Teacher unions have welcomed research which says that ranking schools in league tables would be inappropriate.
The study by Dr Emer Smyth of the Economic and Social Research Institute says that ranking schools on the basis of their aggregate exam scores says little about how a particular institution works or about how to enhance results.
Dr Smyth, who scrutinised 10,000 students and 116 schools, says that most of the variation in exam performance is due to differences in the gender, social class and ability mix of the pupils. When these differences are taken into account, any ranking in terms of exam results changes.
Dr Smyth agrees that information on pupil outcomes can be a useful tool for schools in their own planning and development. Schools could, for example, monitor their own attendance and drop-out rates as a basis for introducing or adapting programmes.
He agrees also that information collected at the school level is likely to be of limited use without comparable data on the national context. An investigation of the possibility of providing value-added analyses to schools would be worthwhile, says Dr Smyth. This would require information on pupils' ability and background when they start school.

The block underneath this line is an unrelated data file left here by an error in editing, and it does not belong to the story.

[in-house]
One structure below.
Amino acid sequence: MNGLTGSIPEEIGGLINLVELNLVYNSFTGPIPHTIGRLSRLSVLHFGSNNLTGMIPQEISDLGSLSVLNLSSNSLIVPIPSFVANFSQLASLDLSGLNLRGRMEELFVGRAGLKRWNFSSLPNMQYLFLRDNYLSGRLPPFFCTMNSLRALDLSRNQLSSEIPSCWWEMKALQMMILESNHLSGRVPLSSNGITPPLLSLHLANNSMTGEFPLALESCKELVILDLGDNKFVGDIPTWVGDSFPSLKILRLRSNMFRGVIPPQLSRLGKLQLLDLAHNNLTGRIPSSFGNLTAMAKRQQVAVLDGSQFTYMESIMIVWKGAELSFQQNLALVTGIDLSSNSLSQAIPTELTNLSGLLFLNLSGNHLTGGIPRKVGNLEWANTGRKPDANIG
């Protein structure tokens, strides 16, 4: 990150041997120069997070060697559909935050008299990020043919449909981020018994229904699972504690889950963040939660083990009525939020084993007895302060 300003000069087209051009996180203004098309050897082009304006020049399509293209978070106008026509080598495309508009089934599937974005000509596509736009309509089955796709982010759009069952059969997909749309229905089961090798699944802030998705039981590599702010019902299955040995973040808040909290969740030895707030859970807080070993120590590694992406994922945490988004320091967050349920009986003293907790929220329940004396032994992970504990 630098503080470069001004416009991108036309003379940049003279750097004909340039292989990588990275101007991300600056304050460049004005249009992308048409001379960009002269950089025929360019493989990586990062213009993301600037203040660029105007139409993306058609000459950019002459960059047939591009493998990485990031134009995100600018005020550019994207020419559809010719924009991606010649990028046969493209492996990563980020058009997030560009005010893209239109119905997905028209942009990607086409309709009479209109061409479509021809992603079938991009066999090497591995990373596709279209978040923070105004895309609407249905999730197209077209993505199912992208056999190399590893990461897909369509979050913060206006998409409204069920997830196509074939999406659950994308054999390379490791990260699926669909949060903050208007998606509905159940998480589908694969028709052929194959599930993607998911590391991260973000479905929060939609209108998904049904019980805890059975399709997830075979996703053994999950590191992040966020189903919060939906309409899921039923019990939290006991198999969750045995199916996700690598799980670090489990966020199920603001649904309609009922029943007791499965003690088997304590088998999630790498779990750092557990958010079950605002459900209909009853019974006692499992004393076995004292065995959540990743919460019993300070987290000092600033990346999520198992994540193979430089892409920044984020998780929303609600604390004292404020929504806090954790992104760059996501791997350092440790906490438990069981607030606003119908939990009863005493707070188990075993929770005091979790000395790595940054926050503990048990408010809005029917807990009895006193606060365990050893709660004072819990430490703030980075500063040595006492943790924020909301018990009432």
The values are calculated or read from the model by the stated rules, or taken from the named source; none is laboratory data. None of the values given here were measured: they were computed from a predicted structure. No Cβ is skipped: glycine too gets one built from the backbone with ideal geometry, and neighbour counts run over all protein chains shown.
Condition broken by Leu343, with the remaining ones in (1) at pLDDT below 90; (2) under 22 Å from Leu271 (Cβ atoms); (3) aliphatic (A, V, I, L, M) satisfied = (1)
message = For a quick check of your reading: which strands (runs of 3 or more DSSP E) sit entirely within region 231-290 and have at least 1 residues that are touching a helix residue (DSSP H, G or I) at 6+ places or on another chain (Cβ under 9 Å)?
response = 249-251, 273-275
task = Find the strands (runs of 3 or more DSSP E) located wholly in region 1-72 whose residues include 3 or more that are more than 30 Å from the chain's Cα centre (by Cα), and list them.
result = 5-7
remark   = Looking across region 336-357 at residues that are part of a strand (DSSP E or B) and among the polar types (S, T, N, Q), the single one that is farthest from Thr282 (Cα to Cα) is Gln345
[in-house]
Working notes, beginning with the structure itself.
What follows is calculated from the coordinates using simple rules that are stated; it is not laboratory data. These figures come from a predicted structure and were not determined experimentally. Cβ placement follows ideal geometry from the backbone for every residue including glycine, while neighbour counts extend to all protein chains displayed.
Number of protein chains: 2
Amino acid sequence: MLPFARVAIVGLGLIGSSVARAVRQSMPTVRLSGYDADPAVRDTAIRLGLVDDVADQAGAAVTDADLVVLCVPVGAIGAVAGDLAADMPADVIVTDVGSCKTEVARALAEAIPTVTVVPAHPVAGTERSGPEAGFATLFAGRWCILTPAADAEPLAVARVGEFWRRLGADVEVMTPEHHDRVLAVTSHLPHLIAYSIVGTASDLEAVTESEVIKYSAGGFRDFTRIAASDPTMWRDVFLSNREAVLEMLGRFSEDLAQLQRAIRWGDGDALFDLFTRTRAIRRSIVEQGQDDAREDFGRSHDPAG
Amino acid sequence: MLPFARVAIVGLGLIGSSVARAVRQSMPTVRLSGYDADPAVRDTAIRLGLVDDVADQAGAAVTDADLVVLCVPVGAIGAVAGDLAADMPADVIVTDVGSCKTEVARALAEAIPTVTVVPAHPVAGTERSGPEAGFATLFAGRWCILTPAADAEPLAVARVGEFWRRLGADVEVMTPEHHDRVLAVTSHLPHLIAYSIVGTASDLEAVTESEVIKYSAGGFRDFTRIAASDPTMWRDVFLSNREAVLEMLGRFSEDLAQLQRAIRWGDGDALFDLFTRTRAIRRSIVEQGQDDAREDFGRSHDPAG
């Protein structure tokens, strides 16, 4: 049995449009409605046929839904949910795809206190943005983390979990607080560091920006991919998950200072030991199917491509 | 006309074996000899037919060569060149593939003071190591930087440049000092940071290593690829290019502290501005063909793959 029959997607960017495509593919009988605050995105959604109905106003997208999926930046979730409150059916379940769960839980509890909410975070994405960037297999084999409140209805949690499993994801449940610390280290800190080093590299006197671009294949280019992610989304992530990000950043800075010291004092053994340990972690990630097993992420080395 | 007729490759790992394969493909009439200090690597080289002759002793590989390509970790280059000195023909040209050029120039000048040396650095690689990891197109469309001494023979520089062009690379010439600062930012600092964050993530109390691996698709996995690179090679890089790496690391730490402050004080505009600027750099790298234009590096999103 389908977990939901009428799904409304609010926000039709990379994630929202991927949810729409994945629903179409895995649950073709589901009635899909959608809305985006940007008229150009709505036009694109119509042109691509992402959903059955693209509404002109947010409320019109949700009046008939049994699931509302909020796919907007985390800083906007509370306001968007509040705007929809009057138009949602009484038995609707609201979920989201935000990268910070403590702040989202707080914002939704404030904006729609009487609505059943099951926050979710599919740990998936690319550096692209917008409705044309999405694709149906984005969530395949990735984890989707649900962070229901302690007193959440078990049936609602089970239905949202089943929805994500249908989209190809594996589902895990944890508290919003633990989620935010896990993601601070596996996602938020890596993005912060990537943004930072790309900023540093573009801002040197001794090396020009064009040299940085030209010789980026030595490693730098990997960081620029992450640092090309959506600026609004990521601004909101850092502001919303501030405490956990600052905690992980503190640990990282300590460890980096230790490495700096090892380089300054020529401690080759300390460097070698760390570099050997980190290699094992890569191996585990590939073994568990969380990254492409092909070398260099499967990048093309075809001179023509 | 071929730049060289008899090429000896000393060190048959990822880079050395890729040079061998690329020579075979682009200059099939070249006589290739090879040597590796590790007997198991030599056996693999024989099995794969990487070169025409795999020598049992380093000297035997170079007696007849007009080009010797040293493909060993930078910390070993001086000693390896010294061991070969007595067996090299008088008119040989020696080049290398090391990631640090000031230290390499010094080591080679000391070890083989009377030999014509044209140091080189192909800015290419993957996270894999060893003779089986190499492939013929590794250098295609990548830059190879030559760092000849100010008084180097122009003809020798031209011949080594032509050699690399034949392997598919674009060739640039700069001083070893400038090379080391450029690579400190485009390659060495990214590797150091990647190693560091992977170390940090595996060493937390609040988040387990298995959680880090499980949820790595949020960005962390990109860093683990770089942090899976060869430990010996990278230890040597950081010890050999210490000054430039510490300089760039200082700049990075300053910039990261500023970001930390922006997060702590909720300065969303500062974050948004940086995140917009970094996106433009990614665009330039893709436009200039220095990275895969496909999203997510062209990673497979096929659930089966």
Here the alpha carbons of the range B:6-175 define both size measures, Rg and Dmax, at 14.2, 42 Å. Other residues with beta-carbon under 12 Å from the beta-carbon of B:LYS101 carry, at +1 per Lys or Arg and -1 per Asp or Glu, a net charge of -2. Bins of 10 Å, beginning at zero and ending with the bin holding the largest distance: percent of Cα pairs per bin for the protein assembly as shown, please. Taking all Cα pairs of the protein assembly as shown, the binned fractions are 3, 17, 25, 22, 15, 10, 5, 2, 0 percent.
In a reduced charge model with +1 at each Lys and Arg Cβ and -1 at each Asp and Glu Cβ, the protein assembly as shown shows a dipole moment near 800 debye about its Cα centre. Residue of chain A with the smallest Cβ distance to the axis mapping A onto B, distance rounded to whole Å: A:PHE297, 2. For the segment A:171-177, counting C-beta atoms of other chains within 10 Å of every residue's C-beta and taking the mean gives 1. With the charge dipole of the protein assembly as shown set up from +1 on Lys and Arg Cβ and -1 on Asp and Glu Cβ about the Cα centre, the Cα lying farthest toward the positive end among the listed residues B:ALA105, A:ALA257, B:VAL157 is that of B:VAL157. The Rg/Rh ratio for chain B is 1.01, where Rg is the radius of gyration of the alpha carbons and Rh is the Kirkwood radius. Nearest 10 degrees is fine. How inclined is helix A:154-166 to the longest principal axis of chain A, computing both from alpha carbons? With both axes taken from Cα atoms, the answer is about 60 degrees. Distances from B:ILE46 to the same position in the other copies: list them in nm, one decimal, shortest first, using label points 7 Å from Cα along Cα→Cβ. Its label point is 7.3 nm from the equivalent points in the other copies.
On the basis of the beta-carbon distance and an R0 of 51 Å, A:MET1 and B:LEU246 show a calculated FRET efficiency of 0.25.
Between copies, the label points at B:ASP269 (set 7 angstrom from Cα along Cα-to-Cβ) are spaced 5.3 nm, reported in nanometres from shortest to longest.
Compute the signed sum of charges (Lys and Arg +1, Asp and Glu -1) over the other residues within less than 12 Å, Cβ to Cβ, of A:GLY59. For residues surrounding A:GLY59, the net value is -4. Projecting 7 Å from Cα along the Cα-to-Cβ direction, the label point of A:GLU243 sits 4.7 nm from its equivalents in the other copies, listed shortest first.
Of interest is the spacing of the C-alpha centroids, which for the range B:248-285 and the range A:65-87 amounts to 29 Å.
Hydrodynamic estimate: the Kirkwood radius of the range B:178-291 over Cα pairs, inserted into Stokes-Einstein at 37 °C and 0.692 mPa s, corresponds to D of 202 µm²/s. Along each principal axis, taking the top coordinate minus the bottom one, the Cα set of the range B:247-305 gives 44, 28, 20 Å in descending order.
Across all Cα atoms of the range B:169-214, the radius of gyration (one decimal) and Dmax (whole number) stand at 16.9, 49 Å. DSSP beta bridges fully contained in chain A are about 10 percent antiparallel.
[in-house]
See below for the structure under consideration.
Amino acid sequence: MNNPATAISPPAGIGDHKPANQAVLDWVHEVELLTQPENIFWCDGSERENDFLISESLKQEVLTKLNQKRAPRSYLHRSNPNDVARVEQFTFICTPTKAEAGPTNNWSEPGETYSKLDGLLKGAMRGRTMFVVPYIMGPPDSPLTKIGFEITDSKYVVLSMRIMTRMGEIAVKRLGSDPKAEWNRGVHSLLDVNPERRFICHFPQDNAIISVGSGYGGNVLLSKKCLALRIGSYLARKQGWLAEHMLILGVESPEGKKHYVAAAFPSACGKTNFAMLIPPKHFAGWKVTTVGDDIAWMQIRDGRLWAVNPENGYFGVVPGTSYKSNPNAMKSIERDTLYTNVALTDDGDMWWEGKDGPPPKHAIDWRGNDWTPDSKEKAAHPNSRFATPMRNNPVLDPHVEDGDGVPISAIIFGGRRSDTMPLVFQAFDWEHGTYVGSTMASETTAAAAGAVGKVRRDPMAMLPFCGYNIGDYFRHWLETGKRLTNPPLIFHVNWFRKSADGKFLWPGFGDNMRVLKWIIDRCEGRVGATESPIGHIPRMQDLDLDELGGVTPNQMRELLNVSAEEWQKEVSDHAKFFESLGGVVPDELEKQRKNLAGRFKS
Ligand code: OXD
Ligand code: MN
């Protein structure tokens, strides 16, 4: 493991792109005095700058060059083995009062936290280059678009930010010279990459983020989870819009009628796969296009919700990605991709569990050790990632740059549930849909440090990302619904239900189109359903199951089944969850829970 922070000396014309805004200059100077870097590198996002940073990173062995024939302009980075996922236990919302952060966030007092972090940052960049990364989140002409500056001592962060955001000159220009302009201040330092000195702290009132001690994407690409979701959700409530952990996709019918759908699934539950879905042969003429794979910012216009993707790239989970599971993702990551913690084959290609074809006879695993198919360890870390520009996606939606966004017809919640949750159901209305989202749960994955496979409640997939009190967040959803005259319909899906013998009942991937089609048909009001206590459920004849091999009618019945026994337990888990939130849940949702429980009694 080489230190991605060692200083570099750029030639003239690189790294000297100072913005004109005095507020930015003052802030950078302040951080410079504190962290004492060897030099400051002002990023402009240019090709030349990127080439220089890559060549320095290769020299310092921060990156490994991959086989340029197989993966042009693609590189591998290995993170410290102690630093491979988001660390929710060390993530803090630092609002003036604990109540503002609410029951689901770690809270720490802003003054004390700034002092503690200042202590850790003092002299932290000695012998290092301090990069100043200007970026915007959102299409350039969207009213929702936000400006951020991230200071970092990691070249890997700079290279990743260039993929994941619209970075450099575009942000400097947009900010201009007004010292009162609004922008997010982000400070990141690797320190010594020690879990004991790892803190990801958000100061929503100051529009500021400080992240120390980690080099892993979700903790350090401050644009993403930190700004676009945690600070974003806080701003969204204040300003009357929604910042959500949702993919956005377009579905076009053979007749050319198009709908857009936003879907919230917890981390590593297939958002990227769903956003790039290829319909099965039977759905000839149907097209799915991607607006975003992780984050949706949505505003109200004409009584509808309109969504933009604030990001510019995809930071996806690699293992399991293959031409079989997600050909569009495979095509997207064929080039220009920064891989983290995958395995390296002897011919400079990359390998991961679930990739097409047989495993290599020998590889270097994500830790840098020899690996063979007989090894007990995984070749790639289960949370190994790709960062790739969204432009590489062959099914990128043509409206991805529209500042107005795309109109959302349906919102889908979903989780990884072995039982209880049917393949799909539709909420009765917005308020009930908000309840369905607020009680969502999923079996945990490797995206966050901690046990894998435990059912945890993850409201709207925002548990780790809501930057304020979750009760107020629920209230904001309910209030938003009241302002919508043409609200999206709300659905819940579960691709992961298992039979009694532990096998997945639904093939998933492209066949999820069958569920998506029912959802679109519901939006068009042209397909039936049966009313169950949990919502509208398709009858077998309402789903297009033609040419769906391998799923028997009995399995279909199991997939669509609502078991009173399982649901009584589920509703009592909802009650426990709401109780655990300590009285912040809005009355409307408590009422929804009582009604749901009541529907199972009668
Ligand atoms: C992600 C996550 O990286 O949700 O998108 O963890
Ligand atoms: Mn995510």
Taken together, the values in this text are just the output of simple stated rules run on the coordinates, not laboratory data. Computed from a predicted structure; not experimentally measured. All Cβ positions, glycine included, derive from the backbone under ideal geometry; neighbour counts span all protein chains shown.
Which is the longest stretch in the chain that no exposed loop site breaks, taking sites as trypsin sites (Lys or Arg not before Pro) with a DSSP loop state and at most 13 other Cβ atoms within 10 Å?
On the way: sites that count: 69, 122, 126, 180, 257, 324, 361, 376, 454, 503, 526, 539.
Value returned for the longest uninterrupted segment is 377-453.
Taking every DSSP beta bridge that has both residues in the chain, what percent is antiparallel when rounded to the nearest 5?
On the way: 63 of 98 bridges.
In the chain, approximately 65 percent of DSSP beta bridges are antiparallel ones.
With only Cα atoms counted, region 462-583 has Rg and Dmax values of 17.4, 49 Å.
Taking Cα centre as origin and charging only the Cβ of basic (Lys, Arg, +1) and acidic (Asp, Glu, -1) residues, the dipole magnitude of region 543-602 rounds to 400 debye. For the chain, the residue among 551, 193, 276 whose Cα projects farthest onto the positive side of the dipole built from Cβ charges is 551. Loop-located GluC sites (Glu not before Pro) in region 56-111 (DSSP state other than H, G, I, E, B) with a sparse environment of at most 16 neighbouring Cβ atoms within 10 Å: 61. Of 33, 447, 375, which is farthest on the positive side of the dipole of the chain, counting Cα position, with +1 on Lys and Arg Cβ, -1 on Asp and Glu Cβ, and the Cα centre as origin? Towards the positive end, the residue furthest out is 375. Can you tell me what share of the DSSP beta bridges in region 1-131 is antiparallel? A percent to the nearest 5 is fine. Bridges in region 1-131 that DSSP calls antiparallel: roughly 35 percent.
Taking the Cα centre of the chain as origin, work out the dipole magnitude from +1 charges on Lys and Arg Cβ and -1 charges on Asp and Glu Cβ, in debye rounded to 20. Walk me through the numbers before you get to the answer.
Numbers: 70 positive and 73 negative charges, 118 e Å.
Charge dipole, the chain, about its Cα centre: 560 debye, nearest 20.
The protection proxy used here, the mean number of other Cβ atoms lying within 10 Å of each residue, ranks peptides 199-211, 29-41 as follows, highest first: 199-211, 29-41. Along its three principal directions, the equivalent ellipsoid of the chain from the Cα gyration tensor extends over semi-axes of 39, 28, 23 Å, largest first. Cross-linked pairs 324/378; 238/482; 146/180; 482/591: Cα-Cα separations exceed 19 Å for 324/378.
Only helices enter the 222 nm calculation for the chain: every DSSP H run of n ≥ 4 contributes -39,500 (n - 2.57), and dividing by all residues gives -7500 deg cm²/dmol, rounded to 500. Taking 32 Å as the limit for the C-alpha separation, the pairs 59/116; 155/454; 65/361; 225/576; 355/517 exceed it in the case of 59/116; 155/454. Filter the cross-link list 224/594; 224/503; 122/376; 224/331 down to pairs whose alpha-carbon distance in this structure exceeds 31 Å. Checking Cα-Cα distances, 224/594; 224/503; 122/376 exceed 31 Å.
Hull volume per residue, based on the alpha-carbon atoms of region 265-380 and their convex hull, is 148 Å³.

"It would be an absolute requirement that any such information should be confidential, with schools provided with their own results along with the national pattern. This information could be used by the school itself in setting targets for improvement and in monitoring the introduction of new programmes or teaching methods," says Dr Smyth.
School league tables have been banned in a new education Act. However, newspapers have sought details of last year's exam results under the Freedom of Information Act. Their request was rejected by the Government, but an appeal is being considered.
Irish newspaper editors look with envy at their UK counterparts who published primary league tables on the same day Dr Smyth's study was released.
However, no major educational body in Ireland favours league tables, though Richard Bruton, education spokesman for the opposition Fine Gael party, says parents should be involved in setting targets for schools and be informed of the progress made.
Do Schools Differ? by Emer Smyth, published by Oak Tree Press in association with the Economic and Social Research Institute